You will notice that the
EMAILBASE64_PASSWORD are encoded, that is because you may not want to insert your private login details as plain text, so we use base64encode.org
to generate the encoded version of our plain text email login credentials.
Once you have done this insert the encoded string into the above code.
In the main code file you need to configure your WiFi network SSID and password, as well as the destination email address where the notifications are to be sent to.
#define email "enter your email here" const char* ssid = "your WiFi SSID here" const char* password = "your WiFi password here"
"" in the above variables. Now all you need to do is download the code (as you would with any other Arduino development board).
The code has been written in a way that allows you to change the way the code works without too much hard coding. You can change the literal definitions to change the way the WiFi Intruder Alert works, here are some tips;
||This controls the hold time (in mSec) that a user needs to depress the switch before any action is taken. Hence a value of 500 means the user needs to depress the switch for at least 0.5 sec before the unit responds with an action; If the unit is OFF and the user presses the switch for a long_press, the unit will switch ON. If the unit is ON and the user presses the switch for a long_press, the unit will switch OFF.|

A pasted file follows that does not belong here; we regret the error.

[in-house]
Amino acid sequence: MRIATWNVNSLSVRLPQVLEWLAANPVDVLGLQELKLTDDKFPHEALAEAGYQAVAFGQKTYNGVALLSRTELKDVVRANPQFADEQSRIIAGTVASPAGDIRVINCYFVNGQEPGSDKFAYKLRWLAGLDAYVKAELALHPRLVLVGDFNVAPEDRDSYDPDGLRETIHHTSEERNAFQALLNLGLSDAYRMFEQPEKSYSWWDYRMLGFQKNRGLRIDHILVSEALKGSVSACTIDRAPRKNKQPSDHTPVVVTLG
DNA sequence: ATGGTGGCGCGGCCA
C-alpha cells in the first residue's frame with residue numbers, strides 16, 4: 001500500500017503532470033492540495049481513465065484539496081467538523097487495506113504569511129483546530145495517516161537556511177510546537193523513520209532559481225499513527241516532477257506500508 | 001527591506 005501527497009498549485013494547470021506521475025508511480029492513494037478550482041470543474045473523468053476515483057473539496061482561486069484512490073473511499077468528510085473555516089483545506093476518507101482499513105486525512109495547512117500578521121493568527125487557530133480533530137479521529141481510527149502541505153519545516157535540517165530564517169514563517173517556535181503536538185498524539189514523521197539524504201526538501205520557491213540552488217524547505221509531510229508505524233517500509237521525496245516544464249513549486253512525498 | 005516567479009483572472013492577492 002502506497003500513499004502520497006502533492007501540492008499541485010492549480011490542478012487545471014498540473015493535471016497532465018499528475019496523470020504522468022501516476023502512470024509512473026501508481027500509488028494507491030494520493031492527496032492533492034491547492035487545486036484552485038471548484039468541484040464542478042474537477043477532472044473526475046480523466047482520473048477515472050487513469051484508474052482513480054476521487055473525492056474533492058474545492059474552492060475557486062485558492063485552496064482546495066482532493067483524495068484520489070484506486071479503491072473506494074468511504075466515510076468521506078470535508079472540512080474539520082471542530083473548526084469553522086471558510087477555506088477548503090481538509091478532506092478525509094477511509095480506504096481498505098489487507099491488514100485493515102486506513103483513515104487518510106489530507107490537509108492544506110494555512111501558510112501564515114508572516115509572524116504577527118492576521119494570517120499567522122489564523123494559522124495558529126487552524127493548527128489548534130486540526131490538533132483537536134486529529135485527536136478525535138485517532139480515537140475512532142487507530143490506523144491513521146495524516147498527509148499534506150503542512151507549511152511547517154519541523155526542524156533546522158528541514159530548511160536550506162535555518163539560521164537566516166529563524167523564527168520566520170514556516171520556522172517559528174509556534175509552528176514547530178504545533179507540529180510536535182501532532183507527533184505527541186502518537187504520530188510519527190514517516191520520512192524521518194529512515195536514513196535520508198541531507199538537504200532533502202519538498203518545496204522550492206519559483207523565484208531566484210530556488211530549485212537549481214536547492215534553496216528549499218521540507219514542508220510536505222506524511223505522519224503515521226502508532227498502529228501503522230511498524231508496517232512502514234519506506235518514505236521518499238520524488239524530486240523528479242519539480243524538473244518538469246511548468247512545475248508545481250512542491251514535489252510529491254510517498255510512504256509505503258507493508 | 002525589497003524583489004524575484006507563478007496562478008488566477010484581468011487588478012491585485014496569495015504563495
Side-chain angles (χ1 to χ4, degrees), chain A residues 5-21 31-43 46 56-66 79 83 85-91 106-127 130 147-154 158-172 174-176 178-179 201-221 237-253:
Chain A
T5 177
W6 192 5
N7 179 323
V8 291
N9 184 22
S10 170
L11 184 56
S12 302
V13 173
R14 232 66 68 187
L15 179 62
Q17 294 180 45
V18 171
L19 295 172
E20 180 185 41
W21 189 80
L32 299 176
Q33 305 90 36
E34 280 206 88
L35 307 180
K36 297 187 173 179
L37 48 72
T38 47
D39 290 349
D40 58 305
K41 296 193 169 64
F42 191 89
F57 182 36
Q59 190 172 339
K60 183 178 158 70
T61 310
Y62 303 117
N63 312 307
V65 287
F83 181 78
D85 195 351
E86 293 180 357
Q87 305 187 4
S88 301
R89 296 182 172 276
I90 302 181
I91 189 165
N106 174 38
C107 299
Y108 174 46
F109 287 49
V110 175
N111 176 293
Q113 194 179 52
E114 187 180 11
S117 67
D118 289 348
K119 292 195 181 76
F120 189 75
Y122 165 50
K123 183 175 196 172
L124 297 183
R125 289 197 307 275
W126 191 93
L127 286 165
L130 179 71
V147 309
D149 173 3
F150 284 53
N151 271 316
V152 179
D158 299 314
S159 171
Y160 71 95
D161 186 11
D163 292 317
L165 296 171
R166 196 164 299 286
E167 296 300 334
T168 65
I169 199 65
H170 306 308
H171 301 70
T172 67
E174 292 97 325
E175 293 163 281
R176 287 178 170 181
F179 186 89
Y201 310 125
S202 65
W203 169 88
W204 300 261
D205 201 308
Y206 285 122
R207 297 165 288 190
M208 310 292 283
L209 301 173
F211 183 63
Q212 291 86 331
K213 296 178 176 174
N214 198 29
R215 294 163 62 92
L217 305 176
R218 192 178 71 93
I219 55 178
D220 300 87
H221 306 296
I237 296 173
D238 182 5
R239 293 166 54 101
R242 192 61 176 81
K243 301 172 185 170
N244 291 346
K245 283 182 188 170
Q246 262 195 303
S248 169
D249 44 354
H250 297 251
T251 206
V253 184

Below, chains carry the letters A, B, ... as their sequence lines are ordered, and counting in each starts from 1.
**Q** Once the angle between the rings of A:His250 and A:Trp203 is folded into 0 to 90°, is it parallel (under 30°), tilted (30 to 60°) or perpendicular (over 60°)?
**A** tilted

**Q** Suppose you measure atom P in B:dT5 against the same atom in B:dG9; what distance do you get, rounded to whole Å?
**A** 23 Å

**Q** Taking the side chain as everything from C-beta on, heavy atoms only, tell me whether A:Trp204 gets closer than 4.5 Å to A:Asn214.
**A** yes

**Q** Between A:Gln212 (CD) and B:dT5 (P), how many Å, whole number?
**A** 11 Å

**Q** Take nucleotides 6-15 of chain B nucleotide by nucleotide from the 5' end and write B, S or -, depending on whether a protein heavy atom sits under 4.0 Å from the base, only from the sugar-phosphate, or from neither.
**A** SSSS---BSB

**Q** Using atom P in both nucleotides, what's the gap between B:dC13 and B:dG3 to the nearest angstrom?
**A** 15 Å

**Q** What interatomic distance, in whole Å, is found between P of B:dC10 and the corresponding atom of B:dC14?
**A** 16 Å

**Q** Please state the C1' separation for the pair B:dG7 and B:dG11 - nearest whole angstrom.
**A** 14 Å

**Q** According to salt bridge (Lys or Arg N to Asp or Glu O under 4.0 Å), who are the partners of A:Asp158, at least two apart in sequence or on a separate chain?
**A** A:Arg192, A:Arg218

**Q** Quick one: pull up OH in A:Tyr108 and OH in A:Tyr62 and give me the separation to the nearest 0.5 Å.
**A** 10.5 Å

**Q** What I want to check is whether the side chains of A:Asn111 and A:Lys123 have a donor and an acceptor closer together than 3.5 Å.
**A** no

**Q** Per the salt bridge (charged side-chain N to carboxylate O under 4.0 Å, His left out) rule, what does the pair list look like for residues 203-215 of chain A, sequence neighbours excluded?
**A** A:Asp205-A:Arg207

||This is set to Sydney time zone by default (GMT + 10). You can change the time zone to your city. Note: If Day Light Savings time applies, then add (or remove) one to your city time zone, e.g. Sydney GMT+10 + 1 = 11|
||This is the initial time delay before the WiFi Intruder Alert unit is armed (i.e. starts monitoring for movement). This delay is in mSec (1/1000 Sec), hence is we want a 10 Second delay, we enter 10000. You can change this delay value to suit your application.|
||After a movement there will be a delay before the next trigger can be detected, this is defined by the trigger_interval in minutes. Hence a value of 3 means that there needs to be a delay of at least 3 minutes from when someone triggers the PIR to the next time the PIR detects another trigger.|
||The maximum number of triggers provides a limit of the number of reported triggers in each email notification. Once the maximum number of triggers is reached an email notification is sent.|